The Death of
Ritchie Valens: His manager, Bob Keane Remembers
The day the music died. That's how Don McLean saw it in his song "American Pie". On February 3rd, 1959. Buddy Holly, the Big Bopper (J.P. Richardson), and Ritchie Valens were killed in a plane crash. The world of rock and roll has never been the same since that day. Last year, (1987) Columbia Pictures released the highly successful film, "La Bamba", the Ritchie Valens Story. With the renewed interest in Ritchie Valens, we decided to interview the man who discovered Ritchie Valens, who managed him and produced him - Mr. Bob Keane.
- What is the likelihood of a 17 year old today achieving the kind of success Ritchie Valens had?
- Well, I don't know. It's so completely different today, because of recording techniques. Rock music is more or less solidified. It's a definite art form. All they really need is the voice. Today I would say a 17 year old would have a much bigger chance. I don't think it would really be comparable, because he was a Latin, and there were no Latins in those days. No Latins were singing rock music, or pop, or whatever you want to call it. It would be a hard question to answer. As far as becoming a big success today, it can be done at 17 as well as 18 or 19.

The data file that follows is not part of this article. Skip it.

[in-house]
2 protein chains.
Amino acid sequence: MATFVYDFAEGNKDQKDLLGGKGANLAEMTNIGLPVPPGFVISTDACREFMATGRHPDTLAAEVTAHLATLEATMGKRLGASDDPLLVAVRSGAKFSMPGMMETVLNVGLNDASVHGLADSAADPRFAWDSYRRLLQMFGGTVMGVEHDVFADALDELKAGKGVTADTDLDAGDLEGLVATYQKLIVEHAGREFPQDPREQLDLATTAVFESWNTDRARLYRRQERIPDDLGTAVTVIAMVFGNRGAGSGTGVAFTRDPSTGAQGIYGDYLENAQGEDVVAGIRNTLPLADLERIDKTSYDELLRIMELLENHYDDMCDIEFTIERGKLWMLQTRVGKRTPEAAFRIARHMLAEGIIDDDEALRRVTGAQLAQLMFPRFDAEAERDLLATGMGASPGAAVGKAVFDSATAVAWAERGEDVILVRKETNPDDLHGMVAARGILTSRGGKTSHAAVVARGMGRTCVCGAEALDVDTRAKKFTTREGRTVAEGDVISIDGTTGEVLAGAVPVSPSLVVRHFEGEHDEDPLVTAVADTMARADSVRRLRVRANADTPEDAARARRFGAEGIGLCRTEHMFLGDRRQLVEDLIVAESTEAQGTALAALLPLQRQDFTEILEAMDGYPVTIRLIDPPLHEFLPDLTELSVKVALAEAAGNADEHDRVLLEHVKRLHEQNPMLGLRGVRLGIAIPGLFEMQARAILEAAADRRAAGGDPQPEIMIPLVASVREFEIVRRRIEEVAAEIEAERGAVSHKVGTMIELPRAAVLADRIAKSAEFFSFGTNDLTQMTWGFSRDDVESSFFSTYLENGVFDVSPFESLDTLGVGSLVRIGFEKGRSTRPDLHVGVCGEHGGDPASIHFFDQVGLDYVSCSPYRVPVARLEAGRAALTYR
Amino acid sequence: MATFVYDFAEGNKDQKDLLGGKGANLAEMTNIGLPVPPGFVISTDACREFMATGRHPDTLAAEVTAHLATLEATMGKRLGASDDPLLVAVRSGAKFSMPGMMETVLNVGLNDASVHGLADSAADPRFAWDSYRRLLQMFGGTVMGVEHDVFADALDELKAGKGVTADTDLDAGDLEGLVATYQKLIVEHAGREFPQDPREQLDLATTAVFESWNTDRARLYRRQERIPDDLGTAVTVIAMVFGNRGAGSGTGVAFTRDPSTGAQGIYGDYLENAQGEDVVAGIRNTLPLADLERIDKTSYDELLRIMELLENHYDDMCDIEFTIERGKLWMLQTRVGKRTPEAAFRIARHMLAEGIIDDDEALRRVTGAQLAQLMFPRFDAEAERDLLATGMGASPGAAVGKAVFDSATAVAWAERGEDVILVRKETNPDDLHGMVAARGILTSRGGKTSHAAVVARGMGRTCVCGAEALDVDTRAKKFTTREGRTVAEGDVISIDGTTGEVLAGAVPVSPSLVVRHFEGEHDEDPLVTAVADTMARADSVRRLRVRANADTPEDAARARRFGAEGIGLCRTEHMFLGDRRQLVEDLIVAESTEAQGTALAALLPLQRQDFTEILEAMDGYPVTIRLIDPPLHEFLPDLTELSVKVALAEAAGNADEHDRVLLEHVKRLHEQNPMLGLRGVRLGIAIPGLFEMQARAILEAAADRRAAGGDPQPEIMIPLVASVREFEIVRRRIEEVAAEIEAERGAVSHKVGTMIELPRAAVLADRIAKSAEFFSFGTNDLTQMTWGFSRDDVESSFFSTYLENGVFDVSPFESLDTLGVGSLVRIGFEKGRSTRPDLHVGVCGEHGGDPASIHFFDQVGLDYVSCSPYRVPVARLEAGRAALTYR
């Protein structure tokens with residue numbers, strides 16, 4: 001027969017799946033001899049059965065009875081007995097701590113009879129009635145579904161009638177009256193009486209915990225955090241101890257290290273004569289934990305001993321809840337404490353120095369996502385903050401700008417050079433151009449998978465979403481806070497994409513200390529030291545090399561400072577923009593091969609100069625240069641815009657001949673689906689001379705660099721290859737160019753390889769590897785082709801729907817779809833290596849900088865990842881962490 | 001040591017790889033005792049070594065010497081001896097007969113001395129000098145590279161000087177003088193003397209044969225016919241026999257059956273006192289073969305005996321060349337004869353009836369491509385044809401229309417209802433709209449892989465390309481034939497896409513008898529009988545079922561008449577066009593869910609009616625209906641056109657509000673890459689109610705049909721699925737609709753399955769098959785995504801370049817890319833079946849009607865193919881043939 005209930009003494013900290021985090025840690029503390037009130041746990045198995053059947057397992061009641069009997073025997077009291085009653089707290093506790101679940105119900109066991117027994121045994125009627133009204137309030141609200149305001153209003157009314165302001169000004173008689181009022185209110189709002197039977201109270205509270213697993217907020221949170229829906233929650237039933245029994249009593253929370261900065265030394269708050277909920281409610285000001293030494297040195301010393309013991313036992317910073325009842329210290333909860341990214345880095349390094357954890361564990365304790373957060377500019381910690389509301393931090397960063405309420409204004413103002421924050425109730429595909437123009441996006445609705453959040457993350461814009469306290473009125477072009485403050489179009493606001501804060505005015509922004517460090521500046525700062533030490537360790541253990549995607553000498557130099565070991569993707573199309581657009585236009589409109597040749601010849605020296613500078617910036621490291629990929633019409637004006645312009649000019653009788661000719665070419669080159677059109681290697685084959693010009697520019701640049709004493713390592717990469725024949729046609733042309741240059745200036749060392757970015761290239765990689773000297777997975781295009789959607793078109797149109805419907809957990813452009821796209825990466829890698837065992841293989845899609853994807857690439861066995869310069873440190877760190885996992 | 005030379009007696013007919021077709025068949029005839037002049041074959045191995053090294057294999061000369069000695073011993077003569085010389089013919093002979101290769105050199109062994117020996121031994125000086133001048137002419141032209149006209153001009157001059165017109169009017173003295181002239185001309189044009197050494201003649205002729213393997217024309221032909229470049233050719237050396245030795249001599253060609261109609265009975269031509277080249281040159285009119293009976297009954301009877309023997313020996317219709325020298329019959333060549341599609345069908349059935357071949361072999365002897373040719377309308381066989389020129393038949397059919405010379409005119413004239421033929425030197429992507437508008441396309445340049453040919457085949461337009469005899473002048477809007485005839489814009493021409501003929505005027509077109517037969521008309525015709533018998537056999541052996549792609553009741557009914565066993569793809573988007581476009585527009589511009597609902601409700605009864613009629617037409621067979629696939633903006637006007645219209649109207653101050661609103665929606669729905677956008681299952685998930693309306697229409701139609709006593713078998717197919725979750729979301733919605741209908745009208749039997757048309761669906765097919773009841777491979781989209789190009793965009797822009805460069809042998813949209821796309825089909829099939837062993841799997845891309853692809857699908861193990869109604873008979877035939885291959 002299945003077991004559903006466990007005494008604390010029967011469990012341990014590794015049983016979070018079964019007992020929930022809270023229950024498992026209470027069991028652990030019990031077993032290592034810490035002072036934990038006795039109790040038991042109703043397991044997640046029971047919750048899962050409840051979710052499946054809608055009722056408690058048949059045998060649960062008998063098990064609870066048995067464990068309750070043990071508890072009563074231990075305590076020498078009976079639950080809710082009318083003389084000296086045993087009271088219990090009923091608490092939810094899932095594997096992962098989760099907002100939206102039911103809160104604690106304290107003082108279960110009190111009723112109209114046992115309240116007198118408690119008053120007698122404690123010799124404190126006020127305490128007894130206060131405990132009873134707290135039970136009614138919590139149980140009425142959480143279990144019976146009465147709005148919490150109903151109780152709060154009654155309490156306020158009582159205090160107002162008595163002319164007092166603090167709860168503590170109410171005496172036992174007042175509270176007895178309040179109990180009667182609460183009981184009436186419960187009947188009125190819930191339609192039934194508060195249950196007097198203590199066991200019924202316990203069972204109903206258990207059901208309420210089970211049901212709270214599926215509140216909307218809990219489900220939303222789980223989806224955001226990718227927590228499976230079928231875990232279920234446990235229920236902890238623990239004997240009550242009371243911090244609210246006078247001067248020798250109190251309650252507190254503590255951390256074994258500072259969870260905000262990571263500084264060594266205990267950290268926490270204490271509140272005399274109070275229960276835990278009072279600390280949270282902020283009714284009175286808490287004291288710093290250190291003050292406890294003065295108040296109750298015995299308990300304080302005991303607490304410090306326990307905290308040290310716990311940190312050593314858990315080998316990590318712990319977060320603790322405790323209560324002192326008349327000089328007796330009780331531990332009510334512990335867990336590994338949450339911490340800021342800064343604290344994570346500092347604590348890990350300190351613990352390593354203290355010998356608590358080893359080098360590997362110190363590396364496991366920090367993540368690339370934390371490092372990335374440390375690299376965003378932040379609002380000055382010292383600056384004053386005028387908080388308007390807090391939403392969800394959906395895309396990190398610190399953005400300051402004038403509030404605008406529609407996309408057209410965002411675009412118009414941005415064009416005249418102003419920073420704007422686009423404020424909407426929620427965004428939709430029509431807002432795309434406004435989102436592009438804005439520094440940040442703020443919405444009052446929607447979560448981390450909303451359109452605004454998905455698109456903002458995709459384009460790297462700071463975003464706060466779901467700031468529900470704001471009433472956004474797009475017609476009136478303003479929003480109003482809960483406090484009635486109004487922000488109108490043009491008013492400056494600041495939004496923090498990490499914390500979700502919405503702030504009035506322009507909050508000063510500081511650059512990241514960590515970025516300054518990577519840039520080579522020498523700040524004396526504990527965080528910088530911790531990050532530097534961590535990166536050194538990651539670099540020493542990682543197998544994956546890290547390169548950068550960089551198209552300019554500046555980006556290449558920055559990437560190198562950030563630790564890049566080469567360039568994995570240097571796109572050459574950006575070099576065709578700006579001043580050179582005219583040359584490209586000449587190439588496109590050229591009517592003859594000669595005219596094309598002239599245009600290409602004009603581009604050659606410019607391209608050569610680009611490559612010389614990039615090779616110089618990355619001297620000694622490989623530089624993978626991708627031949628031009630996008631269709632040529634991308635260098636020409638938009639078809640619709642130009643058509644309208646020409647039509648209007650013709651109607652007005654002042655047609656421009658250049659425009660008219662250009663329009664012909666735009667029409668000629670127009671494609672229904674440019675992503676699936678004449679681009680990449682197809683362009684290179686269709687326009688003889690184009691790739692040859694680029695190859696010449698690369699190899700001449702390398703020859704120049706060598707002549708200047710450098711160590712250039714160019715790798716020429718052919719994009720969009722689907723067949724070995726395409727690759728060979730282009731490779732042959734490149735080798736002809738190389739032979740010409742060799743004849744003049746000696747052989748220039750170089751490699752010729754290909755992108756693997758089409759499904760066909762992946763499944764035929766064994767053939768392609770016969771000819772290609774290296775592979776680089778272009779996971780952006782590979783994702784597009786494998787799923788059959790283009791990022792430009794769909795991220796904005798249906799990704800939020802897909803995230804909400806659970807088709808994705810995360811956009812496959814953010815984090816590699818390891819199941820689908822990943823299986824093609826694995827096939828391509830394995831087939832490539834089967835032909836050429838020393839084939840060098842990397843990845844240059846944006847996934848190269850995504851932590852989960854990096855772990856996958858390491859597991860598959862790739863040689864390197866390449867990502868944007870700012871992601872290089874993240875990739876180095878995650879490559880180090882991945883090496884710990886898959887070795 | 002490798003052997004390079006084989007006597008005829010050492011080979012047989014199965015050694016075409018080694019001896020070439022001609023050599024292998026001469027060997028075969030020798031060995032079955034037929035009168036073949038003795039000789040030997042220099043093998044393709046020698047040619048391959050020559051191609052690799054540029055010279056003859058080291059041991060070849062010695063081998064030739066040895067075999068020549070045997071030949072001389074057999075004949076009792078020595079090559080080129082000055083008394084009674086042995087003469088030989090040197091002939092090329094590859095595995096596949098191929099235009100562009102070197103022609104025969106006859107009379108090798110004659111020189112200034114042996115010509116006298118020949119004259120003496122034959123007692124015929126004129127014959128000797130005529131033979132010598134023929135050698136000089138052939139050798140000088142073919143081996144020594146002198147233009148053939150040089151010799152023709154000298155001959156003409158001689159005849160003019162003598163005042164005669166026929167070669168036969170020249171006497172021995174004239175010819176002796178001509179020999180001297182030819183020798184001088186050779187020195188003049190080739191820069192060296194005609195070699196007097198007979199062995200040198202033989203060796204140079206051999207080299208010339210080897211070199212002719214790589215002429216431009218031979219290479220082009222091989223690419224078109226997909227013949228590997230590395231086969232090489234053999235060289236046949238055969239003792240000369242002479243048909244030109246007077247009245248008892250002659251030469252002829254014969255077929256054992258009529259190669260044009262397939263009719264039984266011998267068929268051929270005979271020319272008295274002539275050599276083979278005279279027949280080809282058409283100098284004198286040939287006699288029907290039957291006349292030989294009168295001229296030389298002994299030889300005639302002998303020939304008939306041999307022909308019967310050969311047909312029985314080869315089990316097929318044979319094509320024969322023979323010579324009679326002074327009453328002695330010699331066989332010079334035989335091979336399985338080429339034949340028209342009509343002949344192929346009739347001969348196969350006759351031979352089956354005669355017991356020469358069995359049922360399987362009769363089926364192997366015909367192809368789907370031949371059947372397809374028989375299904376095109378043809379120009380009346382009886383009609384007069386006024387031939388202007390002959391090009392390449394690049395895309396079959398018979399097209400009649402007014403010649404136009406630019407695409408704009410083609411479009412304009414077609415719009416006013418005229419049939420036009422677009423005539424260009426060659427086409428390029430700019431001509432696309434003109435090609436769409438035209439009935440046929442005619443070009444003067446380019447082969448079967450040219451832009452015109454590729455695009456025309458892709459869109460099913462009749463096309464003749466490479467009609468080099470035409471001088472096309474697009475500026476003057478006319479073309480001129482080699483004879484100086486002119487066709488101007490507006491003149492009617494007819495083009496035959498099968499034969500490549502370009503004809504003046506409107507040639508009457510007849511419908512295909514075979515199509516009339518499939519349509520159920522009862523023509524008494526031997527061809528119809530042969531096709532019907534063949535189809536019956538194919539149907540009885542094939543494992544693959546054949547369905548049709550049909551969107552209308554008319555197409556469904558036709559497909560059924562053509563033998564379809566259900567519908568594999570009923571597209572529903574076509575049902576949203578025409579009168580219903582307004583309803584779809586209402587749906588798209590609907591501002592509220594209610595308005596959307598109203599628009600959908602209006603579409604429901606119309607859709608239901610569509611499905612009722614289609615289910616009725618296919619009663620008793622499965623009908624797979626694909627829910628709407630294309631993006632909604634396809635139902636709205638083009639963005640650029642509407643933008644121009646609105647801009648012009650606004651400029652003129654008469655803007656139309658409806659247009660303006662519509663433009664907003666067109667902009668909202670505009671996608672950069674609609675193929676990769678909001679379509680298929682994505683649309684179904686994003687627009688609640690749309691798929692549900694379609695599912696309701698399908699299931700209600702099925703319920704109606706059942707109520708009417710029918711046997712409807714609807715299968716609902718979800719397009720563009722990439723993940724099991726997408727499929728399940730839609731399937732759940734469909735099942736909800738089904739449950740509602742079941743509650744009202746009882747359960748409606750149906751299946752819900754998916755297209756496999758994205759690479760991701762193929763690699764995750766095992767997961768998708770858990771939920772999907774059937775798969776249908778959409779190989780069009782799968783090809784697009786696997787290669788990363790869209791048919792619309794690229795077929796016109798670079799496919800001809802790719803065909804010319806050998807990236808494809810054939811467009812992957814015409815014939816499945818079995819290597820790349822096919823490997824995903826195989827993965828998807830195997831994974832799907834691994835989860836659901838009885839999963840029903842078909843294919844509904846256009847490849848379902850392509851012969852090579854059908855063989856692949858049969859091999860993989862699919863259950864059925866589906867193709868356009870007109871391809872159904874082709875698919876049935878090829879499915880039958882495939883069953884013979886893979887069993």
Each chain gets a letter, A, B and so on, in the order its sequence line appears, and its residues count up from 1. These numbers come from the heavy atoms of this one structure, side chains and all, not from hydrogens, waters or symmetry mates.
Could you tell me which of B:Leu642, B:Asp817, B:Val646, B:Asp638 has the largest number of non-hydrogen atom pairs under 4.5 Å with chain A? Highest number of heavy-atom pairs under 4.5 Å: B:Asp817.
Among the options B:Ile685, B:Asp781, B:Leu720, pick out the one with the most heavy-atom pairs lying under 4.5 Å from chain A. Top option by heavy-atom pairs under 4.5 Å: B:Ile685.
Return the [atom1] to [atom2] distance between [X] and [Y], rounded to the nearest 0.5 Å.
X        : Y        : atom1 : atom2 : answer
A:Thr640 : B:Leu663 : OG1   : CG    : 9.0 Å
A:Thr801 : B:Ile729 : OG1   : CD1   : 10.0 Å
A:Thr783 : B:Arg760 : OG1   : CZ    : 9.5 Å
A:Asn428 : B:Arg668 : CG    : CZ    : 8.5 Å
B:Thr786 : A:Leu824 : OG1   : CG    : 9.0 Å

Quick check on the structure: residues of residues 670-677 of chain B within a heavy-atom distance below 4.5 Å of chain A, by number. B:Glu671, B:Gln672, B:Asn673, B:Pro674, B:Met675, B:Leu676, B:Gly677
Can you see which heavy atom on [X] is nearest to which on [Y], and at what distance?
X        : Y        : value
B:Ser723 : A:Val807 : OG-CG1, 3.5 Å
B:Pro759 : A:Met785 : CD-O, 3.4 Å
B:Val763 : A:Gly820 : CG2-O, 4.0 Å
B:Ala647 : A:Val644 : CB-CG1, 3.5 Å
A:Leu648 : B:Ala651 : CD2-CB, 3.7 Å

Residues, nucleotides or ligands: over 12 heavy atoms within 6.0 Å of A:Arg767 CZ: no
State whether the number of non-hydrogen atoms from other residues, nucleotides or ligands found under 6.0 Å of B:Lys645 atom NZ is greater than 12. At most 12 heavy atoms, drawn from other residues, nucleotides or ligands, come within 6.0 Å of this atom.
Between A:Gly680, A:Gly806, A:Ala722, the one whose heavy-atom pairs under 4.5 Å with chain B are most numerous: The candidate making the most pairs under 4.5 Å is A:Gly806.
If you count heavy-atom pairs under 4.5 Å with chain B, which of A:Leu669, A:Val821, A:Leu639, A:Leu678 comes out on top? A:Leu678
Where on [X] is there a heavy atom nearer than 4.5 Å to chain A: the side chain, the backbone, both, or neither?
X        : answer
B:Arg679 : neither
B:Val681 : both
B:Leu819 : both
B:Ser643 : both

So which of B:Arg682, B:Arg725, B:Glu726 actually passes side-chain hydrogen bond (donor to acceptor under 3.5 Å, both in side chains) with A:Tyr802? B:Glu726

- What is your background? How did you start Del-Fi Records?
- I was a band leader before that. I had this guy that followed me around. He wanted to start a record company. So he started Keene Records, which was the first record company I had. I had Sam Cooke on the label. He was my first artist. "You Send Me", which was his big hit. Then we got into contractual problems with this guy and that's when I started Del-Fi. So my background had been strictly musical all the way, which is sometimes good, and sometimes not. In this case, I guess it was OK.
© Gary James